What I feel like is digging up the entire front yard and doing it over again. Chuck away all the plants I have there. But that' just wishful thinking.

    Bookmark   March 8, 2012 at 1:49PM
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Ginny McLean_Petite_Garden

Ianna ~ I can certainly relate to your situation as I have been taking care of my dad in this old house for more than 7 years now. When my husband and I moved here we were only going to help him get the house ready for sale; max. 6 months.....And while having a huge yard to plant anything I wanted, I started many obsessions, I also had to deal with my siblings obsessions too! That was no where near fun! You will find it again when things settle down again. I have "new normals" almost every week around here now! :)

With all the new shows coming out about crazy obsessions and strange addictions, I realize I am only a little obsessed! I have a thing for themed gardens, and just about every flower you can grow that isn't poisonous. Started a peony collection about 6 years ago when I put Dad's garden in. My mom's old peonies are still here in this yard and I have always had a love for those amazing huge blooms. She never had a pink one so I changed that first off. I now have 200ish peonies and lots of them are pink! More coming in the fall! I have since added irises, hostas, heucheras, lilies and daylilies. No official gardens yet. Rather just a yard for growing things......:) Love to hear about my fellow gardeners obsessions and fetishes. It could be Cabbage Patch kids! :)


    Bookmark   March 8, 2012 at 3:04PM
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My husband says I'm obsessed with finishing a project once I start it. I don't agree with that, I just like to get things done!

As for plant obsessions, I seem to have hostas on that list. I love to collect them, and now I'm playing with seeds, and that's fun. I find myself checking them at least twice a day. Would that be an obsession? Yesterday I had a bare pot of soil, today I have seedlings that are coming up thick as grass! Things happen fast in the spring!

As for fetishes, well I can't say my fetish obsession (?!) is for plants. Rather I love to collect frogs and lizards for the garden. I have them sitting everywhere along the dry creek. And then there are the rocks. I'm in love with rock. My birthday present this year was a pallet of Arkansas stone. But it doesn't end there, we (and I'm including DH in on this) are rockhounds, and that means getting out there and hunting more rock. I've never met a creek or desert or mountain I didn't love! of course that means more rock to haul home and find a place for in the garden!


    Bookmark   March 8, 2012 at 6:08PM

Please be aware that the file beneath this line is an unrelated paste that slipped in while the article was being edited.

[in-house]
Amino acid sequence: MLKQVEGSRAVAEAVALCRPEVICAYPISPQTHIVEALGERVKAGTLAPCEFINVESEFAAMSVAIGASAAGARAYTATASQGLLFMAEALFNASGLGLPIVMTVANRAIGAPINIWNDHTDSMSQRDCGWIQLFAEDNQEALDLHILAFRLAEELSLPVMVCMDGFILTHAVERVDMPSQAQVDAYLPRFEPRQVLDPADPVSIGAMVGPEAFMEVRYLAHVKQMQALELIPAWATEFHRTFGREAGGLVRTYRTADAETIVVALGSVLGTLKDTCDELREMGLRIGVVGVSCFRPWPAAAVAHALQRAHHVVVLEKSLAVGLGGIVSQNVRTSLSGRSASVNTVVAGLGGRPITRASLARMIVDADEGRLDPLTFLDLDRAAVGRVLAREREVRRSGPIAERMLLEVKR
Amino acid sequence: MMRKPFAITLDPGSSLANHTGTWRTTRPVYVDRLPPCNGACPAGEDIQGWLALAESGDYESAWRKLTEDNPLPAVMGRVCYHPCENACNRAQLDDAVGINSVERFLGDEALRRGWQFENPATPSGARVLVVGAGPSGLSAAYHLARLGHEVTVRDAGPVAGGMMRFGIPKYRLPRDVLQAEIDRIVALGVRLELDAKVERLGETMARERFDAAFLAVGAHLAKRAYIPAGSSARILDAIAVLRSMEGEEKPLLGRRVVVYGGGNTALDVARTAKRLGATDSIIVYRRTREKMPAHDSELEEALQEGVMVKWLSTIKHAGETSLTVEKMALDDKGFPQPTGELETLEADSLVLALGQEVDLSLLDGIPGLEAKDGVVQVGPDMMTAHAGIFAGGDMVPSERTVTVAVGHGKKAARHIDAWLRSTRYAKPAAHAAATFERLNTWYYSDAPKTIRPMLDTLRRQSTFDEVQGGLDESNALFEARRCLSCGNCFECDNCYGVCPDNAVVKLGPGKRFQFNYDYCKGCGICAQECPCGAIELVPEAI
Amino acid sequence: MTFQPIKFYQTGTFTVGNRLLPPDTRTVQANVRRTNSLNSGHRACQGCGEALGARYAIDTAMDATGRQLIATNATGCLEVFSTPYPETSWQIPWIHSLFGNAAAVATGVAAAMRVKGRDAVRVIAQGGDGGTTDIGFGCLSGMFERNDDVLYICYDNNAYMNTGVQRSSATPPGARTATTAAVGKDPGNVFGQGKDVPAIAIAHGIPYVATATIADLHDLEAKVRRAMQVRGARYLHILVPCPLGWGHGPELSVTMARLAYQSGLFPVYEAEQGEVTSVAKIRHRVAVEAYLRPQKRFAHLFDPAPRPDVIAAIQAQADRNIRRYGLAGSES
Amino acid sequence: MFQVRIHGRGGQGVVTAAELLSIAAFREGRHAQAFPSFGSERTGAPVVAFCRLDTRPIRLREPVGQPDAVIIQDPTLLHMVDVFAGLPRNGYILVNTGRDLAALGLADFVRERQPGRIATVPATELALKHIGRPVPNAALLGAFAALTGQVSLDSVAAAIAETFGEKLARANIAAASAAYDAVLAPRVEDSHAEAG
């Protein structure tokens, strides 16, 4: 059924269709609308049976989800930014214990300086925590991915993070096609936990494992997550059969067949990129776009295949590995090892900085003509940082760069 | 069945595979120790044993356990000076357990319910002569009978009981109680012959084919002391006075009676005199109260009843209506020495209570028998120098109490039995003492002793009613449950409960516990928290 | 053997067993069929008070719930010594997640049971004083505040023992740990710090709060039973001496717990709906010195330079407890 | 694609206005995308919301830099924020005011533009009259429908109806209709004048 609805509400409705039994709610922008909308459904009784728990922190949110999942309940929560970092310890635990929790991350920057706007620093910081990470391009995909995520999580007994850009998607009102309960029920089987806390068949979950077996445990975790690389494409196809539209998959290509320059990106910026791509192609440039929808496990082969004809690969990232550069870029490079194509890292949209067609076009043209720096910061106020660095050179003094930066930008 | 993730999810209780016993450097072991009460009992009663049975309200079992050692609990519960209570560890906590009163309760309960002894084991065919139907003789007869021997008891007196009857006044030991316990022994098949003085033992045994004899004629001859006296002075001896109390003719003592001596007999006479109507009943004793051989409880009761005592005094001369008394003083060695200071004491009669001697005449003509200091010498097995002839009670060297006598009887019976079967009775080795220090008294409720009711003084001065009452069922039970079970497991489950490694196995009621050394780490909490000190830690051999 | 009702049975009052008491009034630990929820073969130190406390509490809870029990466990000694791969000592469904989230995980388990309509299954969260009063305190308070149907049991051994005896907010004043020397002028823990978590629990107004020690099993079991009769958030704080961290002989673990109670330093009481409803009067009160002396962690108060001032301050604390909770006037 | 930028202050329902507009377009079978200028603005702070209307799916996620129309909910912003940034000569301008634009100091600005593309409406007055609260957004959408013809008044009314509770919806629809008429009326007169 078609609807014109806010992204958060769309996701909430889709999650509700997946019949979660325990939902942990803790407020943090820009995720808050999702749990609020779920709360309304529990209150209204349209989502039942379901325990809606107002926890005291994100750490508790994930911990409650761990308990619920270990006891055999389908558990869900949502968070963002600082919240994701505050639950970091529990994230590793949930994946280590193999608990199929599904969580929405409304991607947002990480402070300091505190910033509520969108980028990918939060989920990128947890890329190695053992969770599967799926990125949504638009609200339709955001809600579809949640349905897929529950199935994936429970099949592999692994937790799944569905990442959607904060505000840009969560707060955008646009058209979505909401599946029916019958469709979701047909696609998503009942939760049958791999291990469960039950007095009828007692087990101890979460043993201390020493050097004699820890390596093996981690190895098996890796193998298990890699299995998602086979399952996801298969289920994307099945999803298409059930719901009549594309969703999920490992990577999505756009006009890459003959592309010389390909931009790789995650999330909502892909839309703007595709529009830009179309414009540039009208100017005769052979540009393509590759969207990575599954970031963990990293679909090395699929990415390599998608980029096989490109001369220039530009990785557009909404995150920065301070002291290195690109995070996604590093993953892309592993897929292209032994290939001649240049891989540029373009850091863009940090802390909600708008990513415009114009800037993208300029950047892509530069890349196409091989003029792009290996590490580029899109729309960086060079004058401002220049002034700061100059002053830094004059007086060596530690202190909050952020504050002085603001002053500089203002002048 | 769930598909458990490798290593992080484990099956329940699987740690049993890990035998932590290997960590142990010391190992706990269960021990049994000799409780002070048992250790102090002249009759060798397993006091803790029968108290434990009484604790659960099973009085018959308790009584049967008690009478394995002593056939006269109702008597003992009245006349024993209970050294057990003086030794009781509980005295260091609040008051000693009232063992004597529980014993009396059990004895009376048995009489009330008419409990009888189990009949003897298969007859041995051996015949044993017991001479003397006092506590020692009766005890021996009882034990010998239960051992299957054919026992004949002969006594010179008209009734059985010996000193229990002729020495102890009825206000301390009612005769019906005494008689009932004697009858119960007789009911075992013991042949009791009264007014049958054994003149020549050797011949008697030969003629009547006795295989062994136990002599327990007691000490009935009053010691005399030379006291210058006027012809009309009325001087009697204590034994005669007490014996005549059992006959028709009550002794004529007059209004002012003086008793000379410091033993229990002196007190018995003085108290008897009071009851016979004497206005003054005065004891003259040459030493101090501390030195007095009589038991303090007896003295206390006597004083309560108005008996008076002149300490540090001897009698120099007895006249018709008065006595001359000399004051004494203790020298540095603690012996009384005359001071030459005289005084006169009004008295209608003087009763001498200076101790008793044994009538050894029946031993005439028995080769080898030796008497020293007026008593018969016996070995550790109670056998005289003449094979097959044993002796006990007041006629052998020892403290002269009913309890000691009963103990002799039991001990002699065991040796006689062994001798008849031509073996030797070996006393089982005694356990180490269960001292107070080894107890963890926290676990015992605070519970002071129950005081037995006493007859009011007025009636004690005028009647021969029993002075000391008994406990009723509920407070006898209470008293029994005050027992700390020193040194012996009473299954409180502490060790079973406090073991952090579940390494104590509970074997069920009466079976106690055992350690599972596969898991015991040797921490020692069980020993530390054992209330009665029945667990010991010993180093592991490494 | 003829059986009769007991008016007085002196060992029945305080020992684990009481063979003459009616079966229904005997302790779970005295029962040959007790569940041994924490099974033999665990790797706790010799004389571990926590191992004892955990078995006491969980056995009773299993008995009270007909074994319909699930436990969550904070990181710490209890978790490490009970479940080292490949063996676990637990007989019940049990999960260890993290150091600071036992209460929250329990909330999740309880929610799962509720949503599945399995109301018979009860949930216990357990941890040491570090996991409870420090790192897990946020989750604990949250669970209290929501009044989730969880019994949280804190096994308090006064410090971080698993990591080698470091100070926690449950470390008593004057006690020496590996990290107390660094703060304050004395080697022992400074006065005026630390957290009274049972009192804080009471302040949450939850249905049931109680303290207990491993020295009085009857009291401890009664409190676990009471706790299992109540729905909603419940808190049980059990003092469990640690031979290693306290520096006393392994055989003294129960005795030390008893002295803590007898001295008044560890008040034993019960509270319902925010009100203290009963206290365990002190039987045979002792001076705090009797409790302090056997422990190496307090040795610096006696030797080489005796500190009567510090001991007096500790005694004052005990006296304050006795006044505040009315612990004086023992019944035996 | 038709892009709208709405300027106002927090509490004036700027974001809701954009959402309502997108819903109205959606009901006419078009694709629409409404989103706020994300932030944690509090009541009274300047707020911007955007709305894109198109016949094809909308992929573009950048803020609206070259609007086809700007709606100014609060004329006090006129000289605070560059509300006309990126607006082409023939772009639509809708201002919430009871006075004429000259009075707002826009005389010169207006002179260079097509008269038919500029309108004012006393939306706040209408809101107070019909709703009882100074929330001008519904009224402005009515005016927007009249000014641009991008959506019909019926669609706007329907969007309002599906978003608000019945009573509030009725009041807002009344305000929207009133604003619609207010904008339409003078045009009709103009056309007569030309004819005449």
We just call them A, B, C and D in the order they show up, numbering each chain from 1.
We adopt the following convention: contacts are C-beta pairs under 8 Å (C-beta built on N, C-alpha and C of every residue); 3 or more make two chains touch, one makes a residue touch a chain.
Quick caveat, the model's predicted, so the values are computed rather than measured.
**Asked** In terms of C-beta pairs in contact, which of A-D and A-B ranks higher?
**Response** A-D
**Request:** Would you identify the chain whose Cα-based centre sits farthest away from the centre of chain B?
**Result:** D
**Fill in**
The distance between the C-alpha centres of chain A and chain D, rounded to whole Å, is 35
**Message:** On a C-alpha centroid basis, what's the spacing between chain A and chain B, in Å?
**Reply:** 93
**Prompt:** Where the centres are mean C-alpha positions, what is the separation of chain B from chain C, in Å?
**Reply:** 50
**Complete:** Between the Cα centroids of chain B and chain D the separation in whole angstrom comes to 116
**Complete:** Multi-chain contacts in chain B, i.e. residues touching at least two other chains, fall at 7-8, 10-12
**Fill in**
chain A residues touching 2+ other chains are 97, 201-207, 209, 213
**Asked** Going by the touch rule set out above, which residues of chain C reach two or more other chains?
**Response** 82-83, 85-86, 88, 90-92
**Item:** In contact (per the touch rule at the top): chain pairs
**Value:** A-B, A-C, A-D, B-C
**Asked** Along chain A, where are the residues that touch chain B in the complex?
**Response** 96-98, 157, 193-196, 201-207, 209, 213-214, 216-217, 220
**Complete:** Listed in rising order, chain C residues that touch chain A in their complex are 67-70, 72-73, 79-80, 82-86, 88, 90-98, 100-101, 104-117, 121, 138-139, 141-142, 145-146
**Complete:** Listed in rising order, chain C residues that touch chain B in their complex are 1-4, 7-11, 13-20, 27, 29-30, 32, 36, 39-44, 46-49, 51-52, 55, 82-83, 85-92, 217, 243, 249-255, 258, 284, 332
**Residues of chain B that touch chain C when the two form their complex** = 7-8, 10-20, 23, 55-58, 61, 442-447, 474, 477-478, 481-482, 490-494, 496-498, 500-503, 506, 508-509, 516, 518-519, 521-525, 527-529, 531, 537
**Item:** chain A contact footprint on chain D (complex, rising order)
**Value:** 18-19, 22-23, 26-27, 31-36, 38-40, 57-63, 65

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Mine is growing from seed. Almost anything. I just love to watch them sprout and grow. Luckily, I have my mother in law's garden to do as well as my own and plenty of gardening accquaintences to give out the extras to. And if all else fails, there's always freecycle.
As far as plants go, I love things with bright colors that look a bit unusual, or at the very least, different from what most of the yards around me have. My hubby shares my obsession of having something different. The houses around here all look the same, so we want our yard to stand out.

    Bookmark   March 8, 2012 at 7:16PM
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honalee, I'll bet your yard/garden is gorgeous! Wish we could grow peonies, but no such luck here in Texas. My latest obsession is with butterfly/hummingbirds, so am collecting a lot of Texas natives that they like, and that can take our heat... we have a long, hot summer!

    Bookmark   March 8, 2012 at 8:19PM
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Ianna- Why not? Why not change the garden? What would you want to change? Do you need to redo all the beds or just add a new/different focal point? Maybe some seating, arbors, benches, table? Do you still like some of the plants? Maybe you just need to rearrange a few things and add some others. That's what I'm doing with the kitchen garden and it's theraputic. I so love playing in the garden and just keep moving things around until I get it right! :)

    Bookmark   March 8, 2012 at 8:29PM
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love_the_yard(z9A Jax FL)

Teakettle said, "I know I look kind of nuts out in the front yard. I just stand and stare, and look and then grab the shovel and dig stuff up, dig a hole, plop it in, stare some more, dig it up move it to the right 6 inches. But what fun...and it beats cleaning the house... "

Teakettle, you my sister from another Mister! That describes me to a tee. I can feel the eyes of the neighbors peeking through their blinds - standing, staring, standing, staring. Little do they realize, the hamster inside my head is running furiously on his wheel. LOL!

Carol M. in Jacksonville

    Bookmark   March 15, 2012 at 11:17PM
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MollyDog(6 PA)

I'm in the same boat as schoolhouse, it drives me crazy if my edges aren't just so.

    Bookmark   March 19, 2012 at 8:34AM